Before I did anything in the garden, I observed what was growing there in January 2021. I saw that the plot had been used as a dumping for past art projects, especially sand and limestone were omnipresent. Someone also told me that the metal workshop had “leaked” metal waste in the ground whenever people would work outside. I seemed impossible to deem a coherent soil analysis, so instead I found it more relevant for now to look at what was growing.
- Nettle – likes nitrogen rich soils
- Blood sorrel – acidic
- Clover – likes poor soils, disturbed areas
- Horseradish roots can grow in sandy soils
- Bayleaf bush – looked really happy
- Greater celandine – perennial, grows in rich moist soil with shadow, in forests or disturbed wastelands etc.
- Marble tree shoot – there was a lot of marble shoots, and it is common that if you leave a place for long enough a forest emerge after while.
- large sage roots – had taken a lot of the space in the front, which revealed perhaps a sandy composition in that area, and opportunity for sun the sage roots had not been pruned before the winter, and had suffered, although it was still growing some places.
- different kinds of mints and lemon verbena – pioneers, creates a lot of biomass in the soil due to the extensive root system.
- strawberries – rich soil, is ok with shadow, acidic
- moss – likes moist ground covered by foliage.
I got that the soil was rich, but “disturbed” in the sense that several minerals had been added to it. It was moist, which explained the snail invasion. The blood sorrel revealed that the soil seemed to be relatively acid, while Greater celandine indicated that the ecosystem was similar to that of a forest perhaps mixed with a wasteland dumping site.
If the plot wants to become a forest why not let it? Would a forest be an ideal green space to the designated space in-between the buildings? What is the potential of a plot of land? And is it ok to intervene with what seems to be the natural agenda of the plant populaiton?
I decided to use a system of ‘raised beds’, a soil layout designated to cultivate a dense population of plants and accumulate organic matter. The system is e.g used in urban farms in Cuba known as Organopónicos. One simply digs out pathways in-between growing beds, and naturally the soil bed will ‘rise’ as more soil is added. The bed has a fixed width of 75 cm – a good working width for a gardener/farmer. The benefits of the raised bed infrastructure is that it enables a better drainage and a fixed indication for where the cultivation is happening, which means that the soil on the beds will not be compacted as persons will use the pathways for walking, so there will be a good build-up of topsoil year after year. I like the functionality of the raised beds, but I also find their composition really nice because they make the garden more accessible and open up the layout of the garden.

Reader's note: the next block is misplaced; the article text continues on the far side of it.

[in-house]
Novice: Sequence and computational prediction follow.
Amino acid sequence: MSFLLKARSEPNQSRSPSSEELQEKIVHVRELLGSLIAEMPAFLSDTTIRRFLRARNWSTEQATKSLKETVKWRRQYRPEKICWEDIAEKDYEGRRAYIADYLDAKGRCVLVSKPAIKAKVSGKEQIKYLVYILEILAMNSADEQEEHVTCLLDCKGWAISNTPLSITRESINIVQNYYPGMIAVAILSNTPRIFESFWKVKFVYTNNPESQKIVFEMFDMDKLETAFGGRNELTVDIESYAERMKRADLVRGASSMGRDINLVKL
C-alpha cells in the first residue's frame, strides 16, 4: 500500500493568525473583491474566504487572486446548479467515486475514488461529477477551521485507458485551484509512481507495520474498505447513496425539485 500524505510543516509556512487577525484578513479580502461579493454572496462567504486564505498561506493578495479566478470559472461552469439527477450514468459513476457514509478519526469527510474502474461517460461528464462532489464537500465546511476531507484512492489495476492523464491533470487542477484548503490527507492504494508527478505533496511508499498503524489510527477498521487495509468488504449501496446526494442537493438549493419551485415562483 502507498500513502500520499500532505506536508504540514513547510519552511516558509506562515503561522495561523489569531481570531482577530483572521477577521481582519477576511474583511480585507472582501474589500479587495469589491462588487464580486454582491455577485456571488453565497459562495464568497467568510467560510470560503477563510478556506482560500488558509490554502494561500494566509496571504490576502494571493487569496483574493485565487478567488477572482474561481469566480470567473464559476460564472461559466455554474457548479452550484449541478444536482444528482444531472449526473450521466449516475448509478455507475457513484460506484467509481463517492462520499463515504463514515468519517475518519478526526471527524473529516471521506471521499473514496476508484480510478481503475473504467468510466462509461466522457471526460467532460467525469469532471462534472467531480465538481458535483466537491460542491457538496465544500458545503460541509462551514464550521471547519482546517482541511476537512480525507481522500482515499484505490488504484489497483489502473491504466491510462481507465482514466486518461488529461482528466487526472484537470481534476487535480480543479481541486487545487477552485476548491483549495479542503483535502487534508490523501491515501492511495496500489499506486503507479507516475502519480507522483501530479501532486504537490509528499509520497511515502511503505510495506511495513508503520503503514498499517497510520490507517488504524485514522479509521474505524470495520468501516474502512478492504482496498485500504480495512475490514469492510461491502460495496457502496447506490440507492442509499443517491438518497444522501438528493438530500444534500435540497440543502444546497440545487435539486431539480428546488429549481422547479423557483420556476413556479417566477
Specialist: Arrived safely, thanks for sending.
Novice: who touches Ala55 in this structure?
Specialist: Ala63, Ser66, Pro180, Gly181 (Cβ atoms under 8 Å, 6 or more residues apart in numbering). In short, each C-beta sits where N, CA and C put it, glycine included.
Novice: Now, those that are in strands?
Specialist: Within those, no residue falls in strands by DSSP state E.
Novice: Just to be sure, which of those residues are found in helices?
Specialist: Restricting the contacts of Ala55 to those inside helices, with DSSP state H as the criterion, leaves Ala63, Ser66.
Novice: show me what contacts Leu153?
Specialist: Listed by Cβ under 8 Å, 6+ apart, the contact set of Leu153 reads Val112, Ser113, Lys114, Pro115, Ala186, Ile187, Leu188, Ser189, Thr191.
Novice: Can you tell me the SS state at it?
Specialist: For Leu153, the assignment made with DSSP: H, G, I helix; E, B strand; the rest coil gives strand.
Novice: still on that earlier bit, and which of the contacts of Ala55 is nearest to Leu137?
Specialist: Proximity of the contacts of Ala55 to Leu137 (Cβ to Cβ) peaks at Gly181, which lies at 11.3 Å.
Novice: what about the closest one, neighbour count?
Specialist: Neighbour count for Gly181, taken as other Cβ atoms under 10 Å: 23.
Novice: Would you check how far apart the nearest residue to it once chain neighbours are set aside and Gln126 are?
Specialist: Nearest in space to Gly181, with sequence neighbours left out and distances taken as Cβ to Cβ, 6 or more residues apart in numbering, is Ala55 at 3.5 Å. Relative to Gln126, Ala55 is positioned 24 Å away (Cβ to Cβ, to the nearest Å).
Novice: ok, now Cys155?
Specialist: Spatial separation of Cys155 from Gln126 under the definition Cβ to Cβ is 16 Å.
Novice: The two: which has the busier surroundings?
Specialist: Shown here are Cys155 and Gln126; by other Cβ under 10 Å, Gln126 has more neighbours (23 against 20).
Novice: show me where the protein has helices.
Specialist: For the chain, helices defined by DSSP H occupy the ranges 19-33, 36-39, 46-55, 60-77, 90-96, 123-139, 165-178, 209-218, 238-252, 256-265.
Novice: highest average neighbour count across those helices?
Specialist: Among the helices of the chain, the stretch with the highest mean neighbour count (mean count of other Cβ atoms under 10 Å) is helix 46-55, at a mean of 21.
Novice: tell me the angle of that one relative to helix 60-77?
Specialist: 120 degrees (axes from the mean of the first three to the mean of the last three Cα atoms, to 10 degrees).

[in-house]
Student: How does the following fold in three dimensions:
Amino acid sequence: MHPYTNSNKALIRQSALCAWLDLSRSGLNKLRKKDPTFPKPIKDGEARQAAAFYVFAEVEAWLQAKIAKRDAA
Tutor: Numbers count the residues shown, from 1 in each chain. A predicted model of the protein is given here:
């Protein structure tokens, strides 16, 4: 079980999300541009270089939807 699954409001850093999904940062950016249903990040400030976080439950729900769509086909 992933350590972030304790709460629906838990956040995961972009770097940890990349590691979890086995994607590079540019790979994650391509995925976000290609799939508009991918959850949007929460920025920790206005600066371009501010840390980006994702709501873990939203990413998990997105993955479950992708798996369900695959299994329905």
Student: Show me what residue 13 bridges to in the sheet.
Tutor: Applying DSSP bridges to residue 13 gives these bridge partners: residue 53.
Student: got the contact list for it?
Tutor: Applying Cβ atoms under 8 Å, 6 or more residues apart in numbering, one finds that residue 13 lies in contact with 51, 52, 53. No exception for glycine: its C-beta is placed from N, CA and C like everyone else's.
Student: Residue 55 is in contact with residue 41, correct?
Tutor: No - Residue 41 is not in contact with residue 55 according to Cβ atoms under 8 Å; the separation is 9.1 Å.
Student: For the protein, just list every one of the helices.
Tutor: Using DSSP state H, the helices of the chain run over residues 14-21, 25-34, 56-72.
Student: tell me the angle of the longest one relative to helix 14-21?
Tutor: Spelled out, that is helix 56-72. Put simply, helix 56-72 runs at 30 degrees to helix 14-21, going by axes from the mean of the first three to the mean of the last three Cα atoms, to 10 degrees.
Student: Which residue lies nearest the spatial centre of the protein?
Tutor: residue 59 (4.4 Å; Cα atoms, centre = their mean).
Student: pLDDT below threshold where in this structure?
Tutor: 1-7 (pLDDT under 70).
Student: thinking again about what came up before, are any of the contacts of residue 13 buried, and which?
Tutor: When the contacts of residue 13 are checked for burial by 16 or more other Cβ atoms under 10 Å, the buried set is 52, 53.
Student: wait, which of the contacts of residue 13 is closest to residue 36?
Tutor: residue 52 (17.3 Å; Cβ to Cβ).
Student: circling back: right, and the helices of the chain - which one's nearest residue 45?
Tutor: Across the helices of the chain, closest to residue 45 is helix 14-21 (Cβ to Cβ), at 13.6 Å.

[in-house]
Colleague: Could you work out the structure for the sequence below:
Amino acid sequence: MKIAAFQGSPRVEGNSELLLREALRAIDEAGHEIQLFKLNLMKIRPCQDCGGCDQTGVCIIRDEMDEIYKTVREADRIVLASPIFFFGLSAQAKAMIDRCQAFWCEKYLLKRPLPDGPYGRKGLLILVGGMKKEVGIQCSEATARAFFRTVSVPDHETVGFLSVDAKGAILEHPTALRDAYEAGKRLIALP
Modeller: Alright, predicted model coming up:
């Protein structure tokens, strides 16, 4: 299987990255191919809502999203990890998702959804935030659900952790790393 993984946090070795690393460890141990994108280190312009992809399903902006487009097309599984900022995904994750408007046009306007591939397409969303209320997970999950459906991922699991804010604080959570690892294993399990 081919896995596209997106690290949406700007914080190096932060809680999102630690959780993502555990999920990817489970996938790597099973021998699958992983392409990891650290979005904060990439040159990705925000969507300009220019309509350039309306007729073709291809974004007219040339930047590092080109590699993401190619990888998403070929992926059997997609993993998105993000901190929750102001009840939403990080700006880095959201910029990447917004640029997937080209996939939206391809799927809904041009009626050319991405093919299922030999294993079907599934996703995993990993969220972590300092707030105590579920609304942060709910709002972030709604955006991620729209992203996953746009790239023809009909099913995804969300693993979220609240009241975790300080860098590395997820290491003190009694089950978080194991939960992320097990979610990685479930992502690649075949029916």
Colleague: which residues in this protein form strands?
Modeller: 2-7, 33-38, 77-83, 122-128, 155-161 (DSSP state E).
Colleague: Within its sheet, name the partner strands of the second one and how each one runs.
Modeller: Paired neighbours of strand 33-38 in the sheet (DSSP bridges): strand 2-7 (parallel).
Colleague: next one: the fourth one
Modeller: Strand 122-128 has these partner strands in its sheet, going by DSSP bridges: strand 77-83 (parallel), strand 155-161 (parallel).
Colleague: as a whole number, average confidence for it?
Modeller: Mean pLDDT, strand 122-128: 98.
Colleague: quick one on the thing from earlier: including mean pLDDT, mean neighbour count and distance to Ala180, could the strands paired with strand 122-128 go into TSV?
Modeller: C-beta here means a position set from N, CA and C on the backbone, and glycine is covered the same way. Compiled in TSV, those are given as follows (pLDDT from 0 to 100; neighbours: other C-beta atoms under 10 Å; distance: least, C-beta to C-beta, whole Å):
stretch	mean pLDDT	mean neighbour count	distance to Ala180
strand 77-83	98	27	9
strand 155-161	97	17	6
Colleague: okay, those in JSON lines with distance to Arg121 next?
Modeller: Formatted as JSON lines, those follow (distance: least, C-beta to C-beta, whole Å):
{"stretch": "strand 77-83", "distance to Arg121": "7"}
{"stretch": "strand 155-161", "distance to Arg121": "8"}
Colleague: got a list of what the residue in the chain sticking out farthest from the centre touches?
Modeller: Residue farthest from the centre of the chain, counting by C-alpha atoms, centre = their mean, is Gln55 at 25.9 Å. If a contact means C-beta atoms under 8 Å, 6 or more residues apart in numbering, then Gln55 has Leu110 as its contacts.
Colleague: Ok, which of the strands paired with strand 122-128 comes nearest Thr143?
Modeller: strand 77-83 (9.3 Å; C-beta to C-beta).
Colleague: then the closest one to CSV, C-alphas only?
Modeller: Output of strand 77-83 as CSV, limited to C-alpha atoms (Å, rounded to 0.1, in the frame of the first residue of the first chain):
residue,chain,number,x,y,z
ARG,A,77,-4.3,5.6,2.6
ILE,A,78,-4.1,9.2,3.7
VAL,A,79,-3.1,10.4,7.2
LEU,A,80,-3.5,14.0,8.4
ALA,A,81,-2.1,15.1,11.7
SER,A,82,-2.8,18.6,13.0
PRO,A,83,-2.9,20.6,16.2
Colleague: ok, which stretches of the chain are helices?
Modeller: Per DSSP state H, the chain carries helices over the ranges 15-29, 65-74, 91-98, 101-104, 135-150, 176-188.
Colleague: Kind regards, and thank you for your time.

I had intended not to use machines ones the soil had been aerated and tilled once before establishment. The idea behind the method adapted from no-till farming methods and permaculture is that you leave the soil as unworked as possible but keep adding compost year after year in spring time, and thus letting the soil life do the work. The important thing is to ensure that the soil is covered with plants all year round which will retain nutrients from leeking off.
The compost I used from Bio-kultura (https://www.bio-kultura.nl/) was very good, but also fairly expensive. I reckon cheaper options can be found near-by. I wanted the first batch to be really good quality weed-free compost. I used the compost bins in the garden momentarily but they had not been maintained properly and there wasn’t enough for the whole garden.
I learned from working with Wim that due to the "EU’s common catalogue of varieties of vegetable species" he cannot grow certain kinds of heirloom seeds and with the farmers protest happening across India early 2021 and the struggles for seed sovereignty across Africa and so many other places, made me think that caretakers of heirloom seeds are entangled with real acts of resistance, and that even tiny gardens hold a potential for safeguarding our seed cultures and knowledges of sovereignty that is carried from palm to soil to mouth.